How Biden can protect Black, Latino and Indigenous cultural and historical legacy

Josh Ewing

Today, many of us have access to sweeping vistas and grand mountain ranges, plains, marshes, forests and deserts that stretch from coastal shores to coastal shores. We enjoy the privilege of visiting sacred places like Bears Ears and the Grand Canyon.

Unfortunately, our nation’s system of public lands, parks and national monuments were not created equitably. They are a product of Western expansion. A product of colonialism built into our country as the sandstone is built into the Grand Staircase Escalante National Monument. Native people, women, AAPI, Black and Latino communities, Indigenous tribes, have traditionally been left out of the decision-making when it comes to protecting our nation’s system of public lands.

We are hopeful that President Biden is ready to reverse that course. He has doubled his commitment to putting restorative justice at the front of every initiative. He understands that ending systemic racism cannot be an independent effort, siloed into a vacuum of dusty policy proposals, but rather must be an integral, and active, part of any infrastructure bill, any climate proposal, as well as every effort to conserve and expand public lands. 

These lands, their history and their connection to the people who live there are older than our nation itself. This administration — and all administrations before and after — are charged with the sacred duty of protecting, preserving and honoring these lands while they have the power to do so.  

The Biden administration has that power, specifically in the Antiquities Act, which was passed 115 years ago just this month. This important piece of legislation endows the president with the authority to designate public lands as national monuments, for historical, cultural or ecological reasons. Since its inception, the act has been used by 17 presidents to protect 129 different places. These places include civil rights monuments in the Deep South, the Grand Canyon and Joshua Tree in the southwest, and sacred places such as Bears Ears National Monument. 

Unfortunately, the last presidential administration failed to understand or respect the cultural and ecological significance of Bears Ears and other native lands and stripped many of the land’s crucial protections. In fact, former President Trump reduced the monument by 85 percent, opening up millions of acres of sacred land to uranium mining and energy corporations. 

Bears Ears has been home to Native peoples for more than 13,000 years. Century after century, people have walked the mesas, fed their children, treated their sick and lived their histories on this land. The descendants of these tribes deserve to preserve this rich heritage, and the American government has the obligation to protect that right. The long-standing authority of the Antiquities Act combined with Biden’s renewed commitment to restorative justice is the key to keeping places like Bears Ears standing strong for the next generation of people.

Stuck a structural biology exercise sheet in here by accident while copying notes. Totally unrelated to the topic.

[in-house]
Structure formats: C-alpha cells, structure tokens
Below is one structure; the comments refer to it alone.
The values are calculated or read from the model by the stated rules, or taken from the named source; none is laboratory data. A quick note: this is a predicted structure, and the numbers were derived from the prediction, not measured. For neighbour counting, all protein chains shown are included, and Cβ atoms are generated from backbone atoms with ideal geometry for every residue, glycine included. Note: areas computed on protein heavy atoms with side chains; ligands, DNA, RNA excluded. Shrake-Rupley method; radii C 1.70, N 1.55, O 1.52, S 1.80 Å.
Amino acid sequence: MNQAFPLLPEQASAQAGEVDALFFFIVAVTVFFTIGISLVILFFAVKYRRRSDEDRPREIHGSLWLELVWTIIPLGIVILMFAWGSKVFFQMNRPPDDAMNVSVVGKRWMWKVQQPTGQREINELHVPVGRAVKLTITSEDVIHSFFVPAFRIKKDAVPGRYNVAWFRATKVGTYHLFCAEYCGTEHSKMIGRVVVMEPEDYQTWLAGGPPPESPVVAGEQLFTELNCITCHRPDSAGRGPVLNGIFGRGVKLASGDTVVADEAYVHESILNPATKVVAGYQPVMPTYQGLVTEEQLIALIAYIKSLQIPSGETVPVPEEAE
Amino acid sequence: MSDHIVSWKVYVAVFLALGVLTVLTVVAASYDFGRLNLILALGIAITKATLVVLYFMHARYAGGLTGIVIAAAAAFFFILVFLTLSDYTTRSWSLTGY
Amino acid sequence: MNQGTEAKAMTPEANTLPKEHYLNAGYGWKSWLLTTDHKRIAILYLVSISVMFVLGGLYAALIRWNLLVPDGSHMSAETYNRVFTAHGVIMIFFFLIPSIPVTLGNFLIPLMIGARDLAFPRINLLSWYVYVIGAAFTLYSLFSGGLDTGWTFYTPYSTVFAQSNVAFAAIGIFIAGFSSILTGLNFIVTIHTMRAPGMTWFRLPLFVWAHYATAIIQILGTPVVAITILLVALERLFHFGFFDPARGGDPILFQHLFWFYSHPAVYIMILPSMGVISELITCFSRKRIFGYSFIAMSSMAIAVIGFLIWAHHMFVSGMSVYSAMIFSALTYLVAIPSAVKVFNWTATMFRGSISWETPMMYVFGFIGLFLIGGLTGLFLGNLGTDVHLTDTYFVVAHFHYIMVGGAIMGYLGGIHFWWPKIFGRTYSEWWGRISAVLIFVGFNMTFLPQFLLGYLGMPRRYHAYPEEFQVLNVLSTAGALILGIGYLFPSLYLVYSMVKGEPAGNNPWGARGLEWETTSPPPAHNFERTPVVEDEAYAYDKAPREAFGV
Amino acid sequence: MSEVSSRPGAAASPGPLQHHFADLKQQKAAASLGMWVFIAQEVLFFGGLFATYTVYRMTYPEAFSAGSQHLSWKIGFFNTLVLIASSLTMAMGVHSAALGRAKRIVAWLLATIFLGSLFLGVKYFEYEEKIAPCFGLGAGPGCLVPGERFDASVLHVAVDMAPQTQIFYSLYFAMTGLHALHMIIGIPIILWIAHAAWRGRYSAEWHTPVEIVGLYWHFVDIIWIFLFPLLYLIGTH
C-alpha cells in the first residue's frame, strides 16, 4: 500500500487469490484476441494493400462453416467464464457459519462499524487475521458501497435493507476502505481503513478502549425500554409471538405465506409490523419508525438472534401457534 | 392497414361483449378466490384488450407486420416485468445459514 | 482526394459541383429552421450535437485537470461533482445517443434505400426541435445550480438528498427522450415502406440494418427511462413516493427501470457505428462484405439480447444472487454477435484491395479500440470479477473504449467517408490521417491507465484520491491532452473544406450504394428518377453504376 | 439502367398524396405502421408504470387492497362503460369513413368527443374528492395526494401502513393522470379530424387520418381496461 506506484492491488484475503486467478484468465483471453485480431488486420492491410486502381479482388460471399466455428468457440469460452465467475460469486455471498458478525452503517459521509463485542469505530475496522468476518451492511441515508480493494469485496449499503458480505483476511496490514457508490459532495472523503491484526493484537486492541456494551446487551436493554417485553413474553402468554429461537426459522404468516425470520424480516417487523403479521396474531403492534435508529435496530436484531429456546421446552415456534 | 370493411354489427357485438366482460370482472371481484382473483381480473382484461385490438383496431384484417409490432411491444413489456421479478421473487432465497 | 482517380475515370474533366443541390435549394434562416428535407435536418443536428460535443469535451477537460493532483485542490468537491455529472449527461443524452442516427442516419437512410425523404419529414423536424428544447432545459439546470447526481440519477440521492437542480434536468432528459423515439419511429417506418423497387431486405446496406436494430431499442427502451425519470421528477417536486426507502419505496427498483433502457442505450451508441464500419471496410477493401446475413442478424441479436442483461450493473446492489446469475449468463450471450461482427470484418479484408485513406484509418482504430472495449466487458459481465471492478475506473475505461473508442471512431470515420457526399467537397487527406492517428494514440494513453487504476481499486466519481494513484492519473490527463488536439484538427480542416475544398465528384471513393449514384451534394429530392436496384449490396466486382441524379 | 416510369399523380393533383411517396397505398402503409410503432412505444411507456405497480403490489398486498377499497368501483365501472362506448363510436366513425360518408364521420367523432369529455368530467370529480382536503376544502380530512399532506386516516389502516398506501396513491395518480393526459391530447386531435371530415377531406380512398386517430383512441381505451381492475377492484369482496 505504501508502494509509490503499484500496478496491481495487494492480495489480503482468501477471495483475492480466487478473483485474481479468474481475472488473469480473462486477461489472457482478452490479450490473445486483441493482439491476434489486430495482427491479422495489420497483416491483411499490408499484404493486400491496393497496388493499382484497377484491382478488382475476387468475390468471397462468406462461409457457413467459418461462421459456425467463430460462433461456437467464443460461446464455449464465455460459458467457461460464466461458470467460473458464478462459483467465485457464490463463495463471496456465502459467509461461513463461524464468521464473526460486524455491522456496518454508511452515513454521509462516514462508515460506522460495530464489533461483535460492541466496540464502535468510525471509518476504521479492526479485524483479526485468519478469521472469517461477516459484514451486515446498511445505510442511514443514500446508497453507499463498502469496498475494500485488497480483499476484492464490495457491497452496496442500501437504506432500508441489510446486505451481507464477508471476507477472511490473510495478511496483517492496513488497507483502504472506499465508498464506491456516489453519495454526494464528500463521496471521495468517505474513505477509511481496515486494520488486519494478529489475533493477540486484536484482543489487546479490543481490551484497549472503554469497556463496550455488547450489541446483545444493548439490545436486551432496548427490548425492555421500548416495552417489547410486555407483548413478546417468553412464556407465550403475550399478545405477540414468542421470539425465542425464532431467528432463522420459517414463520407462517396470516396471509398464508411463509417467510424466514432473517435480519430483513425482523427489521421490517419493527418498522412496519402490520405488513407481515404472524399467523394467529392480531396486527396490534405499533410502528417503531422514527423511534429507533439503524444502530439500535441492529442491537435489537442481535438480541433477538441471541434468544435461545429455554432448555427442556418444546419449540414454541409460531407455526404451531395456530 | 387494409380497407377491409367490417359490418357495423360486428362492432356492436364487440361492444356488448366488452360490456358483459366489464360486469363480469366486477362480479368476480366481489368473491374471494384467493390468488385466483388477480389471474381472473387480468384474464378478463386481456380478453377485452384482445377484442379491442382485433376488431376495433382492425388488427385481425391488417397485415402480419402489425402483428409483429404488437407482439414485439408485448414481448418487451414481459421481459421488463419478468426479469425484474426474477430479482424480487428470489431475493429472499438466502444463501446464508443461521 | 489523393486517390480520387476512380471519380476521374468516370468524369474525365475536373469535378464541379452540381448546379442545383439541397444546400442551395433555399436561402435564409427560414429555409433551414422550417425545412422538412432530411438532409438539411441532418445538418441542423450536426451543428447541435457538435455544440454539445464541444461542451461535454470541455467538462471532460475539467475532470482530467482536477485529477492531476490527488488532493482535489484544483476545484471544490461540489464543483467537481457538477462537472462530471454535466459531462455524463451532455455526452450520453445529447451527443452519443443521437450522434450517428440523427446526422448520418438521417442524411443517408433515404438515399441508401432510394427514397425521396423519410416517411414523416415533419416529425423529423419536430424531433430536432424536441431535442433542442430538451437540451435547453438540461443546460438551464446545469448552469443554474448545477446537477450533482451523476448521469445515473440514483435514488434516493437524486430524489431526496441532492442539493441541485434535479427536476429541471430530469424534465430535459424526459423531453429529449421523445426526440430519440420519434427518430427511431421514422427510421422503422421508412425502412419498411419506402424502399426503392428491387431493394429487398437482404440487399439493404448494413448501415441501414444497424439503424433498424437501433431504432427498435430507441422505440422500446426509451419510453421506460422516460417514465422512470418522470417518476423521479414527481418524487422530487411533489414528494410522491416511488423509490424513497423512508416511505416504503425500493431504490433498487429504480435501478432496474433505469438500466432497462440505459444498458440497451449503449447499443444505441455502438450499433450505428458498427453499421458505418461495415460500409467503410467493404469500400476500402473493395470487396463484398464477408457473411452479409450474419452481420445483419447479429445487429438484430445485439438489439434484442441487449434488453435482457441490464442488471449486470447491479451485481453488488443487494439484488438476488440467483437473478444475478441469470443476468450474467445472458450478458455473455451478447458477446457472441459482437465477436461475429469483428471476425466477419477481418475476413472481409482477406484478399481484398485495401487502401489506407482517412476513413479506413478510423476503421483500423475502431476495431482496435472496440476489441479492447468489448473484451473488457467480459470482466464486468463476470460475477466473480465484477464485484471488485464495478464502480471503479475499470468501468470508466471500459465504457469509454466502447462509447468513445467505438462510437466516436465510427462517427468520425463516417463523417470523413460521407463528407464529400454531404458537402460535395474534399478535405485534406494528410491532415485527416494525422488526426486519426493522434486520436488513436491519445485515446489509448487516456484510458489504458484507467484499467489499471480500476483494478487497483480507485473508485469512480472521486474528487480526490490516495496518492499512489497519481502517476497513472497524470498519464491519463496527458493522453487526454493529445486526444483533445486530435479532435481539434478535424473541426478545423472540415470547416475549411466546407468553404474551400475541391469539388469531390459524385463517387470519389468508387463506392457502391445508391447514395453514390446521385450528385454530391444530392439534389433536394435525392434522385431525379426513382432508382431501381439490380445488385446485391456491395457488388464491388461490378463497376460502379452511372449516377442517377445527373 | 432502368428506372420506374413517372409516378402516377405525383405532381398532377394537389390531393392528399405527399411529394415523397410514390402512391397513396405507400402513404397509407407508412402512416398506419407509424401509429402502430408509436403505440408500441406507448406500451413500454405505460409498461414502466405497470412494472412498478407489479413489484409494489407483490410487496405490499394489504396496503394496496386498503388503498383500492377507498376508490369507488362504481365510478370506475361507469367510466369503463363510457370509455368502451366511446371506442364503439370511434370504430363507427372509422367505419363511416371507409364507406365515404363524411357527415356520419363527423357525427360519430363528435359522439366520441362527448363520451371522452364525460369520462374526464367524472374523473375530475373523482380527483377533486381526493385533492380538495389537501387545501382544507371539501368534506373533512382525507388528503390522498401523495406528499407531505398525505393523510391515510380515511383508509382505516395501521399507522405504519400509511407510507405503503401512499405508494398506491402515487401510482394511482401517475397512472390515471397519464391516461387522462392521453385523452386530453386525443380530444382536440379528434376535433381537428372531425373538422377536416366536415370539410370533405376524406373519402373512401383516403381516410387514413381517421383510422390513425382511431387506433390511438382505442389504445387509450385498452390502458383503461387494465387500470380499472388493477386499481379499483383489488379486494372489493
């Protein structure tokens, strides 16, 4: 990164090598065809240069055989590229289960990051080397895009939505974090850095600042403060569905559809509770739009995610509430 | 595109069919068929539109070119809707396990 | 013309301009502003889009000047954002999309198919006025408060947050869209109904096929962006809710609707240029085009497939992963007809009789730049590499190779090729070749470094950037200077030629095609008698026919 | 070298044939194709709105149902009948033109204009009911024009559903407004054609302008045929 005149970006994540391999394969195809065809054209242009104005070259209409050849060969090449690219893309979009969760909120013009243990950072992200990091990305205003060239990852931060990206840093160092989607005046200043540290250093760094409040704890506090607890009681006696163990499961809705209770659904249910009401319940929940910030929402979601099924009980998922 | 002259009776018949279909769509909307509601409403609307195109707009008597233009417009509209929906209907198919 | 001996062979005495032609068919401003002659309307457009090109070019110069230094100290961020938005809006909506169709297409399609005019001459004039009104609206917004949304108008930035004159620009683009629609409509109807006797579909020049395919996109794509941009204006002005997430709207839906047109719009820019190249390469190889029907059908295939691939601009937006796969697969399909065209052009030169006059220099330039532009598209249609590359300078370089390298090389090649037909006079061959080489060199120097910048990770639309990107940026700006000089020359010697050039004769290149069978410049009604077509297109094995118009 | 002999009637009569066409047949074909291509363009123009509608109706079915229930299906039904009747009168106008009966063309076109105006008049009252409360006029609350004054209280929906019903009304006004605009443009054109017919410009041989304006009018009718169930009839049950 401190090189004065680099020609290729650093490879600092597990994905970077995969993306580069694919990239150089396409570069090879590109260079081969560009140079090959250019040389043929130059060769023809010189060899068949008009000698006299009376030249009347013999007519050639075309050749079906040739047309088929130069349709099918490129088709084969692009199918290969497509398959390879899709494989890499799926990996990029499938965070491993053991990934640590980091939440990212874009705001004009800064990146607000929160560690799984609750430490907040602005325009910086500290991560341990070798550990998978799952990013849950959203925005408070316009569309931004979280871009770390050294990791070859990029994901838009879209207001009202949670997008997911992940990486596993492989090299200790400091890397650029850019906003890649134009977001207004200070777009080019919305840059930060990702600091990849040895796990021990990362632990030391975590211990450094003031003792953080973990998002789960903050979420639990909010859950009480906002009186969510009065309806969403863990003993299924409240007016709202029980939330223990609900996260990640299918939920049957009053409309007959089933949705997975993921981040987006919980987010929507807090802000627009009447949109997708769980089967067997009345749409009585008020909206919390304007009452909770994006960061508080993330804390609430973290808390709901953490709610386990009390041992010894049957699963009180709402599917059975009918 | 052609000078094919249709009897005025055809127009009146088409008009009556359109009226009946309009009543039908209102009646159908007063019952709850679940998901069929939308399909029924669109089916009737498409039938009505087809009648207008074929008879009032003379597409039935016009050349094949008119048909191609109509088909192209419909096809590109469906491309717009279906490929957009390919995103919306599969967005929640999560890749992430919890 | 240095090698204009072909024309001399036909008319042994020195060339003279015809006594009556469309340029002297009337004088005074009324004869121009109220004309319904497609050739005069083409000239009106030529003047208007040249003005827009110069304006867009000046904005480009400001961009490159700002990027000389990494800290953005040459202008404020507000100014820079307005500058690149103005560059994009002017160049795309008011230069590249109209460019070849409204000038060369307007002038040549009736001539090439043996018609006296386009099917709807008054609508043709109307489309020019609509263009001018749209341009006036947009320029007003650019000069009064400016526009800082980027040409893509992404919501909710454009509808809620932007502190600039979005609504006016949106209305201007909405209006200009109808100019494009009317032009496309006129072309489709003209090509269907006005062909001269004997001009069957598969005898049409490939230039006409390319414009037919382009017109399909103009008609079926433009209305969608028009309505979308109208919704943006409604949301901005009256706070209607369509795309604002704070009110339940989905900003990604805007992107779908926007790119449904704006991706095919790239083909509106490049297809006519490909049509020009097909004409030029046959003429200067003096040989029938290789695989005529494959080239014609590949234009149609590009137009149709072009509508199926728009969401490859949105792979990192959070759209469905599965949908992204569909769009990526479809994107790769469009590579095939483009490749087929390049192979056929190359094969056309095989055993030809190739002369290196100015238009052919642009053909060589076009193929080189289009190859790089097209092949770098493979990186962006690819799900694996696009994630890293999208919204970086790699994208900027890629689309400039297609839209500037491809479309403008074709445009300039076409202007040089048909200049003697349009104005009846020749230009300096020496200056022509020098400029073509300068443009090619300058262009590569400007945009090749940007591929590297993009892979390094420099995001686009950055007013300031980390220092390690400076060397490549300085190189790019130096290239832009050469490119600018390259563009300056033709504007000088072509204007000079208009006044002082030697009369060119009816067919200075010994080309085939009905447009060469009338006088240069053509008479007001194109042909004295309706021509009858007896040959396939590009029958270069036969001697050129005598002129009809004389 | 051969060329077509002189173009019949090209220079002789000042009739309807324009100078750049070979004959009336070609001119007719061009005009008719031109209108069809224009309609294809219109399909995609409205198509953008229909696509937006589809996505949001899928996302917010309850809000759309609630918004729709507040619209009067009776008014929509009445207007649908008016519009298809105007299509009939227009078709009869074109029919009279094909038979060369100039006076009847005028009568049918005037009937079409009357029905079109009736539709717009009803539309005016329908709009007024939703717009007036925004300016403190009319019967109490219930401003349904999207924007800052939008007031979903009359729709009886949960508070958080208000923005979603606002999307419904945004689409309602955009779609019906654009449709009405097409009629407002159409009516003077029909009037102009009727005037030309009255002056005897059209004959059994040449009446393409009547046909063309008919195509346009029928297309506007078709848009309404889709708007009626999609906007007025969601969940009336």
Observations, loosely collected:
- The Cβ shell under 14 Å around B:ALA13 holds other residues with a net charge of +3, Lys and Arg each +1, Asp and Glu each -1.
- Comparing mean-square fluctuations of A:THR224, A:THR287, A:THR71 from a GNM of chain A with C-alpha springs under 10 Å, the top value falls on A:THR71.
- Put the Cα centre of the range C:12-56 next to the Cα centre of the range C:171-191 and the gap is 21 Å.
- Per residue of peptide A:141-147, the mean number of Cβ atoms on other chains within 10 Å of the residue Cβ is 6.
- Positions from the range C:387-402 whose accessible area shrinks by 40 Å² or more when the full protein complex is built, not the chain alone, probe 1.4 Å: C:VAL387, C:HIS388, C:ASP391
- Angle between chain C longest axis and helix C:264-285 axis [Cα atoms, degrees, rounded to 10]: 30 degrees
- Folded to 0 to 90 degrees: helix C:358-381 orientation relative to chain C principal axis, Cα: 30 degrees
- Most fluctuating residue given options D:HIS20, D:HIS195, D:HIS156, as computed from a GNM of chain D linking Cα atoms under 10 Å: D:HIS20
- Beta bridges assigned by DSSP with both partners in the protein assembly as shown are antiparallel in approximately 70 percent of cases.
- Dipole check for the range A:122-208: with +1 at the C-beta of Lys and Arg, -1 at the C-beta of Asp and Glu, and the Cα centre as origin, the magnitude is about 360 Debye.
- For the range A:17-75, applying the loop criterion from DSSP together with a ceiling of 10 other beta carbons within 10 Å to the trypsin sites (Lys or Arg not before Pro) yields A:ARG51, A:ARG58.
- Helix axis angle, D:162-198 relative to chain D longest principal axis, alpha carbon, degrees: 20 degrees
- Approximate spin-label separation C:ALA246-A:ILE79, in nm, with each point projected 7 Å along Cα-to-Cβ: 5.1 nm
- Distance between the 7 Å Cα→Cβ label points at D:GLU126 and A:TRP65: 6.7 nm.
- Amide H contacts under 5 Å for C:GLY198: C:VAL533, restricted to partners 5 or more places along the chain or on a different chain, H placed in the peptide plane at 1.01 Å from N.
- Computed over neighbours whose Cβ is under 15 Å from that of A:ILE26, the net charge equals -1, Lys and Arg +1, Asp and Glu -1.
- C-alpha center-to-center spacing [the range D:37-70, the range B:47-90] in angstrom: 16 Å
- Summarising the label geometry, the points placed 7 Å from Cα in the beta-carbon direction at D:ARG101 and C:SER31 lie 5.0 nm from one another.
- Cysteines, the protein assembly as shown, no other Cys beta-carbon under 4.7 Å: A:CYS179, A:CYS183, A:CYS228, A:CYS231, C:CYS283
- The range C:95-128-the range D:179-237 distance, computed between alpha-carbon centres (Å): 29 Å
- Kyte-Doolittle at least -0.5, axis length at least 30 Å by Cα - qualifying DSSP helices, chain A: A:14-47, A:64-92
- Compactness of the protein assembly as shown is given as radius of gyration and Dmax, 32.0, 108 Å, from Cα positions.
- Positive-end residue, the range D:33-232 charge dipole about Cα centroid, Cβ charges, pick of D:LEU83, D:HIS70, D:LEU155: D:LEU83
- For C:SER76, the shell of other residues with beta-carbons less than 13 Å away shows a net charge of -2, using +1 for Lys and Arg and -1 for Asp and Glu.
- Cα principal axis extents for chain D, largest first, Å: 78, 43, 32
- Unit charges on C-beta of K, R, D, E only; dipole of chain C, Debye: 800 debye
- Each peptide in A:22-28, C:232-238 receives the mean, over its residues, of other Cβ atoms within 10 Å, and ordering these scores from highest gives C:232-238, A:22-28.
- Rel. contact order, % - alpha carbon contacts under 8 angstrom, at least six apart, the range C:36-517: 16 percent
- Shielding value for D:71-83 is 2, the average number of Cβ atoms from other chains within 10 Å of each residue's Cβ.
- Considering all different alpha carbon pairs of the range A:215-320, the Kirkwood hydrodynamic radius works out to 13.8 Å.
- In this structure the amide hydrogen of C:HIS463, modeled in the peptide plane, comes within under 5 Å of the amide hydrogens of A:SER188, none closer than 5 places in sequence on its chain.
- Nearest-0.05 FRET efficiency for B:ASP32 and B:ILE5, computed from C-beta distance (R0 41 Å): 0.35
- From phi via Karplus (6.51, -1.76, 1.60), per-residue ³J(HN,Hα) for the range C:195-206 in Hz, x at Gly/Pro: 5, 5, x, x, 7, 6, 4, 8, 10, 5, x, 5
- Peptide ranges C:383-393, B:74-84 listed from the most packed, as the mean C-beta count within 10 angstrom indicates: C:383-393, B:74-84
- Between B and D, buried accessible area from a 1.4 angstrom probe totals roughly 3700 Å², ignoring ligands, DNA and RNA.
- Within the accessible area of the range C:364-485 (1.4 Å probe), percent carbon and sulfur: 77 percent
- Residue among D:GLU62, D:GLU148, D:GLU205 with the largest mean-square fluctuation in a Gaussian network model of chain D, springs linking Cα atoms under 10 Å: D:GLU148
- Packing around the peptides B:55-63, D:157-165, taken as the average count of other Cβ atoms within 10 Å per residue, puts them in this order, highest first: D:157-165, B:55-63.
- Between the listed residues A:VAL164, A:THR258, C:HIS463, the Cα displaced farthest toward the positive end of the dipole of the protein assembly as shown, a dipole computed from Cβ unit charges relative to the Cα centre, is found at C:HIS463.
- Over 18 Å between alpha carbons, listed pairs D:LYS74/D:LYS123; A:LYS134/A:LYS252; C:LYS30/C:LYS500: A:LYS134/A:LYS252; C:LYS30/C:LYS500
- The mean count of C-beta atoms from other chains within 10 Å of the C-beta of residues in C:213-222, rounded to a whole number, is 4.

We call on the Biden-Harris administration now to go one step further, to not only restore and expand protections for places like Bears Ears, but to offer protection to places where Black, Latino, Indigenous people, and people of color are asking for protection. Places like Castner Range in El Paso, Caja del Rio in New Mexico, and many others. We ask the administration to prioritize not only the expansion of protections but the closure of the nature gap — securing access to nature for all children, not just those with privilege. If this last year has taught us anything, it’s that nature isn’t a “nice-to-have,” but a necessity, critical to the mental and physical health of families and communities in cities, suburbs and rural towns alike. 

We’re at a unique moment in our political history. We have an administration that has both the necessary authority via the Antiquities Act and the required ambition to make bold, long overdue, sweeping improvements to how our nation cares for the diverse land and people who form the backbone of this country. We call on this administration to exercise this authority by listening to the diverse communities across this country asking for protected public lands and access for all.  

Maite Arce is the president & CEO of Hispanic Access Foundation, which works to improve the lives of Hispanics nationwide and to promote civic engagement by educating, motivating and helping them access trustworthy support systems.

Angel Peña is a first-generation American, archaeologist, the director of the Nuestra Tierra Conservation Project.

Tags Angel Peña Antiquities Act Donald Trump inequity Joe Biden Maite Arce national monuments outdoors people of color public lands

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